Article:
To have a proper understanding of BIM, one requires an understanding of object libraries.

Object libraries contain graphical representations of things (a pump, distribution board, light, door, and so on) plus information about those things. Having an object library allows the user to ‘drag and drop’ content from the library to the virtual asset. Just like Minecraft, it’s simple.

Yes there are many complexities involved such as definition, types of data, schemas and so on, but this is how BIM professionals often describe an object library to the uninitiated.

So, what’s the big deal? If this is a cornerstone of doing BIM, just go build object libraries. Well, herein lies the challenge. Who should build what content and to what level of definition using what types of information?

This is part of the national discussions being had in both Australia and New Zealand at present. Both countries have launched initiatives to create a national object library to ensure consistency across the industry. Discussions include a selection of the regions’ BIM glitterati across the industry from the public, private, commercial and infrastructure sectors, including architects, engineers, contractors and consultants.

A recent discussion was facilitated by NATSPEC (AUS) and CIL (NZ), the potential custodians of this National Object Library (NOL) at the behest of The Australian Procurement Construction Council/Australian Construction Industry Forum (APCC/ACIF.) This workshop, or debate, ranged from the technical to the ethical and the philosophical challenges both real and potential.

Essentially the information held in an object library comes down to who uses that object. This in turn leads to questions surrounding who creates the content and to what level of definition the author should go. After much debate on the analysis of other efforts across the globe, and in particular the UK, it was felt that the ANZ initiatives should aim for having objects which had a lowest common denominator level of information with just a basic graphical shape. This will allow all those using the content the ability to reach a minimum standard of consistency and also allow others – such as manufacturers – to create their own content, which would also meet this base level.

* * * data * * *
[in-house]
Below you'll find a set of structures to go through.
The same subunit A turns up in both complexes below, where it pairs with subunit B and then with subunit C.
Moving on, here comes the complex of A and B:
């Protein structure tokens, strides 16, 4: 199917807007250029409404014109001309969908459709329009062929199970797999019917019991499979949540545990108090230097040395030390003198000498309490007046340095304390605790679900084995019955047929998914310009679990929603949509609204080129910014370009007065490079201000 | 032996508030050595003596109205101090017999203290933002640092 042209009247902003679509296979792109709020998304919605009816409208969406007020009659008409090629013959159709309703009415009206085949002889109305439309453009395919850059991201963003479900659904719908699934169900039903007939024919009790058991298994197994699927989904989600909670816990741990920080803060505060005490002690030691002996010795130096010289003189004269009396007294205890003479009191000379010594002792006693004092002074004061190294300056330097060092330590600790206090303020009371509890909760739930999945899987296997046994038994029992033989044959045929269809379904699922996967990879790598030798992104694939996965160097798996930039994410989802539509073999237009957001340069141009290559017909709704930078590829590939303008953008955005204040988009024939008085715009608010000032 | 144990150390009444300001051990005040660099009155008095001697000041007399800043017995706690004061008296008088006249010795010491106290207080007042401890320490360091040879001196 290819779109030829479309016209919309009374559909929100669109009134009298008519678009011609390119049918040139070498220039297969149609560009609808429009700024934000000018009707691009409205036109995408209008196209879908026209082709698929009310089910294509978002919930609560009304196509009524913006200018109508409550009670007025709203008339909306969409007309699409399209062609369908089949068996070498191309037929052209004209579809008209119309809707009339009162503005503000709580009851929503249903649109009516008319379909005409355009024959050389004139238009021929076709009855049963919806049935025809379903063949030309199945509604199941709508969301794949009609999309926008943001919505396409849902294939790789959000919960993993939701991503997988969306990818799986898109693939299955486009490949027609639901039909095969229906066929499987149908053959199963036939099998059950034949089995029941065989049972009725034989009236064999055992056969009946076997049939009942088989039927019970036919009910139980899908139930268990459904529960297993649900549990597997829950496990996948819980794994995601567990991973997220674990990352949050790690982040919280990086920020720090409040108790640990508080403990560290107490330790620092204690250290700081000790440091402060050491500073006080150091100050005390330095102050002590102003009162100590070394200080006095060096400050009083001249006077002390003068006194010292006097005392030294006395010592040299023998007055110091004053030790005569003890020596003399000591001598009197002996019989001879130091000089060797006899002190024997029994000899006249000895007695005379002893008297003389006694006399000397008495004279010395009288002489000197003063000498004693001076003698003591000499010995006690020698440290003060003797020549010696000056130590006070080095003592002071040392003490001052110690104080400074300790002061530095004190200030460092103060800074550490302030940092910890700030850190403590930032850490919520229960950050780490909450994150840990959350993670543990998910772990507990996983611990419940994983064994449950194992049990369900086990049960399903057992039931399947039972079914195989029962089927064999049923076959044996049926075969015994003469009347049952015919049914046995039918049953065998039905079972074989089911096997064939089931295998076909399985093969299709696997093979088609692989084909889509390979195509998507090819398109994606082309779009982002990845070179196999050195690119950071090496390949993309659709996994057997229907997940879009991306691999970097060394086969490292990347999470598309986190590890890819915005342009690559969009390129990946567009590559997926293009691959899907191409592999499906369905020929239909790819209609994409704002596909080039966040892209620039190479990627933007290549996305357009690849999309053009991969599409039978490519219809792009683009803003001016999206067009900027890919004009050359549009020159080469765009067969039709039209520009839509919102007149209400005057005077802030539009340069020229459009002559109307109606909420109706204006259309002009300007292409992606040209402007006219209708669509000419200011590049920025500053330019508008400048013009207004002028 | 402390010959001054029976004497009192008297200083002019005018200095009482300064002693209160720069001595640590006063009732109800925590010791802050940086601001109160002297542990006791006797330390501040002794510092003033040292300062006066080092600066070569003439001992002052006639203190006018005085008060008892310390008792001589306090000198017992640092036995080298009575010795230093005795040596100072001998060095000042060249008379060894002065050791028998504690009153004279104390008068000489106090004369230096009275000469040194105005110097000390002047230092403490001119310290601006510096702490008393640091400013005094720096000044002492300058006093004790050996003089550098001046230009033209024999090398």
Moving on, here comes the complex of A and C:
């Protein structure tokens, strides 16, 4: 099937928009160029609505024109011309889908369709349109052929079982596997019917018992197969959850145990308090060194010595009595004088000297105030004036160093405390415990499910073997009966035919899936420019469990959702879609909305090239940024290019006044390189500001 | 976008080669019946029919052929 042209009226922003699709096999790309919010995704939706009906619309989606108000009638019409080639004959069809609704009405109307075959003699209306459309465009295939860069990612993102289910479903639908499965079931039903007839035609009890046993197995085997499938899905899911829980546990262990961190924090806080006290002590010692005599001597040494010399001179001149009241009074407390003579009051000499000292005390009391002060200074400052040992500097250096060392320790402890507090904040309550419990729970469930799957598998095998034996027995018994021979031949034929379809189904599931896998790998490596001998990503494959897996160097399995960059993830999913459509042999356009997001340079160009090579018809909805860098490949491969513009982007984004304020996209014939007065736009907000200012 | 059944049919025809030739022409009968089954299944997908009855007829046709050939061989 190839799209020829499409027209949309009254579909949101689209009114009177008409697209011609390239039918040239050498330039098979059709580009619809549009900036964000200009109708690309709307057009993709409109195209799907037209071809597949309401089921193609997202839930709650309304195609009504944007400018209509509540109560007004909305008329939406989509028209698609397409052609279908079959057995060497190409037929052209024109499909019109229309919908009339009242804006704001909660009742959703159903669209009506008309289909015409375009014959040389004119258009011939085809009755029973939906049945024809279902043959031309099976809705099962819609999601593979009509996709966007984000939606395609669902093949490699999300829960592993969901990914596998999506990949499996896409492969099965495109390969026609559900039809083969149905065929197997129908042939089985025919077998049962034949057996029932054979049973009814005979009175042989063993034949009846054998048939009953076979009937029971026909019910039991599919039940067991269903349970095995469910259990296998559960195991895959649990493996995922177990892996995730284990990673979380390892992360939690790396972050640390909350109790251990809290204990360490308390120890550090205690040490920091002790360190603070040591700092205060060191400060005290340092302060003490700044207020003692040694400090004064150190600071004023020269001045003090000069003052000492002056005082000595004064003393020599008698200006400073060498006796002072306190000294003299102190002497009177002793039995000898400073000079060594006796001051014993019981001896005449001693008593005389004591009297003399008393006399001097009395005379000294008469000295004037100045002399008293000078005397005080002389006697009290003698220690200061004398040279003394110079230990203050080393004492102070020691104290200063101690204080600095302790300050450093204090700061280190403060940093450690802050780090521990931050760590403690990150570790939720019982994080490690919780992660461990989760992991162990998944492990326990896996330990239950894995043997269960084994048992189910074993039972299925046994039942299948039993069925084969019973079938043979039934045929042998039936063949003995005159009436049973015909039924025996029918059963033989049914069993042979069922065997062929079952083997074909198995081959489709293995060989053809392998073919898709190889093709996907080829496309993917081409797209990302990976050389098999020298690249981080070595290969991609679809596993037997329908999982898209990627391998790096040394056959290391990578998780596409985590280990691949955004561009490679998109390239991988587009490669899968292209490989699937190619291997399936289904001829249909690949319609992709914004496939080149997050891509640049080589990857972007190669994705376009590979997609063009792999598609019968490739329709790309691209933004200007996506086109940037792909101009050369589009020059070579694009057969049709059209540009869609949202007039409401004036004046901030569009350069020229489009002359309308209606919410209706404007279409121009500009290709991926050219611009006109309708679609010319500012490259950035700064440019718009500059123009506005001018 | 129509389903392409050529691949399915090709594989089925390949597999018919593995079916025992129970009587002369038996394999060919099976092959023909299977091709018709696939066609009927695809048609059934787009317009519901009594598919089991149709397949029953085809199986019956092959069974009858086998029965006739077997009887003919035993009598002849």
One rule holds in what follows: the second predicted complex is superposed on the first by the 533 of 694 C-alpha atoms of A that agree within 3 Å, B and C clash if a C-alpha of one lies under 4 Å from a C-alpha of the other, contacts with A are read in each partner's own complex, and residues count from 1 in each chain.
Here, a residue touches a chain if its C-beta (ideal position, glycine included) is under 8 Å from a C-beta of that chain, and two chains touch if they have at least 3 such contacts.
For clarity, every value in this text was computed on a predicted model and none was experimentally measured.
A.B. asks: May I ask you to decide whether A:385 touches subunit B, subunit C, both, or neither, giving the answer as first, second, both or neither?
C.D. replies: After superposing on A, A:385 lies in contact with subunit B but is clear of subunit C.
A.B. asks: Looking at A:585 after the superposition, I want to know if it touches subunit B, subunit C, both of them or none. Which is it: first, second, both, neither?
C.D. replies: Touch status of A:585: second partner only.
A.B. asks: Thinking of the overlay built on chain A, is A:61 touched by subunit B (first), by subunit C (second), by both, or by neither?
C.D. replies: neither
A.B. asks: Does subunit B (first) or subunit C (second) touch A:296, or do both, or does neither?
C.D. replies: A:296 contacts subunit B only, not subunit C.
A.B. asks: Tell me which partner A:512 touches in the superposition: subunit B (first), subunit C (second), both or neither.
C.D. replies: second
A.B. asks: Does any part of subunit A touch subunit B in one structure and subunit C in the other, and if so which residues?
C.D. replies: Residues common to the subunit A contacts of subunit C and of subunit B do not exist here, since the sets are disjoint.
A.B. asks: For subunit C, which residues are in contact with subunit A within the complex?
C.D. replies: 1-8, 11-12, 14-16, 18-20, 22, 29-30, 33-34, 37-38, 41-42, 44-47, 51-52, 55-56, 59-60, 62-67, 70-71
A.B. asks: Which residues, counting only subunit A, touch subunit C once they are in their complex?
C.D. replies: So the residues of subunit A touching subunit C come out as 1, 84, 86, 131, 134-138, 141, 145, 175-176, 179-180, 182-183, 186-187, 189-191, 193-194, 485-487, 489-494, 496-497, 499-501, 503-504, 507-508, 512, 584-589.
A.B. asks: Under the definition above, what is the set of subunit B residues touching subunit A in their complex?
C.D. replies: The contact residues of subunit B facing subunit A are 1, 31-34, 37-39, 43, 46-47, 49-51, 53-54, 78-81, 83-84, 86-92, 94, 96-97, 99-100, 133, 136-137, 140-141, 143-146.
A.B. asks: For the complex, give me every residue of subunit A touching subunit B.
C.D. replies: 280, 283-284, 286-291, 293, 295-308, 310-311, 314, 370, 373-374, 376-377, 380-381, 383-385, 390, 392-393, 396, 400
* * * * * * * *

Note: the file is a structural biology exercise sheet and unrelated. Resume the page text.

The other, and I believe very important, agreement was that Australia and New Zealand should endeavour to develop these initiatives in tandem, generally because it is agreed that practice and expectations of deliverables in both countries were more similar than different. I look forward to seeing how these NOLs progress, but the broader queries I have are which types of content get developed first and who will support the investment into creating the object library content?

As I come from a ‘BIM 4 Infrastructure’ perspective, I would favour the creation of content biased in this area considering the projected spend on infrastructure in the region. Supporting the effort must be the manufacturers supplying their catalogues in this format using an industry wide, supply chain endorsed, object template for information.

Industry practitioners in Australia and New Zealand have taken a leading role regionally in promoting and developing BIM thus far, yet there are several groups all trying to resolve the same issues. It is time for groups such as BuildingSMART and collaborate-anz as well as the myriad BIM groups to get together and define whom is trying to do what. Otherwise this will be just another year where BIM flounders in ANZ.

Do I feel a summit coming on?